I’m Goldie Blumenstyk, a senior writer at The Chronicle covering innovation in and around higher ed. This week I invite your thoughts (and reveal mine) on where education funders should be placing their next bets. I also highlight calls for a national reckoning on low-income families’ reliance on a pricey federal loan program and for colleges to put more ed-tech training into teacher education.

What should philanthropy be funding in higher ed right now?

While I was catching up with a bunch of sources at the Jobs for the Future Horizons conference, in New Orleans last week, a philanthropy leader whom I consider an astute observer of the higher-ed scene asked me a question that stumped me at the time: What should education philanthropist be funding right now that they aren’t?

The question caught me off guard because funders have already put their mark on many aspects of the college-going experience: student success, open educational resources, basic needs, business operations, transfer pathways, online education, and paying for college, among them. I’m sure most of those topics could benefit from more support and evaluation, but once the question was before me I dearly wanted to come up with a fresh answer. Some of that was my own ego. Some of it was realizing that this might actually lead to new grants for worthy endeavors.

In my moments of hesitation, I got the OK to crowdsource the question to readers of The Edge. So here’s your opportunity, too. If you’ve got ideas, please send them my way so I can share them in a future newsletter.

I didn’t have my own answer at the ready last week, but it’s since become very clear: More research and pilot projects to help develop the role of “navigators” for the education system. This isn’t my idea alone, and it’s not all that new. Six years ago, I wrote a story on the idea that I’m still mighty proud of, except for my culturally insensitive use of the term “education sherpa,” rather than “navigator.” (People often use the word as a synonym for guide as a noun, but the Sherpa are a people — members of a Tibetan ethnic group.)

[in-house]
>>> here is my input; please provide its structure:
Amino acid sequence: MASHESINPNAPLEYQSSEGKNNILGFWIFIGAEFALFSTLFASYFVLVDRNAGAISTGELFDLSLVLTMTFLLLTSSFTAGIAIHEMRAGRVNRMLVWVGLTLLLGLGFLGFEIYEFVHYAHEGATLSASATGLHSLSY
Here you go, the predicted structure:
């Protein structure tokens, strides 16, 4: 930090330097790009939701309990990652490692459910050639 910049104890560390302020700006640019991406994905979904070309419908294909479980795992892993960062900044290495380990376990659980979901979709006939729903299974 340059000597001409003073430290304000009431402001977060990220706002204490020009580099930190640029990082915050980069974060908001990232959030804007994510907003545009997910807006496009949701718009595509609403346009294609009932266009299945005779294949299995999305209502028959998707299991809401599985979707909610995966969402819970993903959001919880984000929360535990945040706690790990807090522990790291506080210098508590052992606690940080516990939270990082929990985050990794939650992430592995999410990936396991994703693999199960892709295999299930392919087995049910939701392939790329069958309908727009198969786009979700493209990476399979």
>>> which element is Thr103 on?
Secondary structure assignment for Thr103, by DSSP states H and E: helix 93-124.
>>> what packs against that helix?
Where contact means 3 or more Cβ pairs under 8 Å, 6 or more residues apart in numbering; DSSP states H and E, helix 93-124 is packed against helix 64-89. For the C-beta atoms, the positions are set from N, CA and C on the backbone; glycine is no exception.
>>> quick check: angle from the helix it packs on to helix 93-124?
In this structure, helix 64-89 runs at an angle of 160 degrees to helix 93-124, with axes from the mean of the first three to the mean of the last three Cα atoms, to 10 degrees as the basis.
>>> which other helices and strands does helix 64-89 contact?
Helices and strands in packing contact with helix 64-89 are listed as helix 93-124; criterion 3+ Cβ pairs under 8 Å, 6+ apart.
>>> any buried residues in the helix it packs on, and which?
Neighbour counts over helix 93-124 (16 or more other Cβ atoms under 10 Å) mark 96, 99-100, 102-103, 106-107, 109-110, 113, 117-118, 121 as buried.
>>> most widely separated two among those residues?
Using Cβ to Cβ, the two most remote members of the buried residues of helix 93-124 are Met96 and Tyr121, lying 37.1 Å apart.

The arguments for education navigators then are all the more compelling today, as new forms of education and training are becoming available and more students of all ages are taking circuitous routes through postsecondary education and into the work force. Presentations during the Horizons summit further drove home the salience of the idea, including talks showcasing work-based learning programs that offer college credits and college programs that feature embedded, industry-certified credentials.

I’ve heard occasional talk about navigators over the years, especially from advocates for adult and less-traditional students. But I’m not aware of any recent push as formal as the proposal once floated by Rich DeMillo, the founder and former executive director of the Center for 21st Century Universities at the Georgia Institute of Technology. He had asked the U.S. Department of Education during the Obama administration to explore ways of funding “a new category of educational general practitioners not beholden to any specific institution,” to guide students toward the right educational options for them at the right times in their lives. DeMillo didn’t have a specific model in mind, but today there are even more examples (especially with the expansion of mentorship and coaching programs) than when I wrote about the proposal in 2016. There’s more potential for confusion among students, too, unfortunately.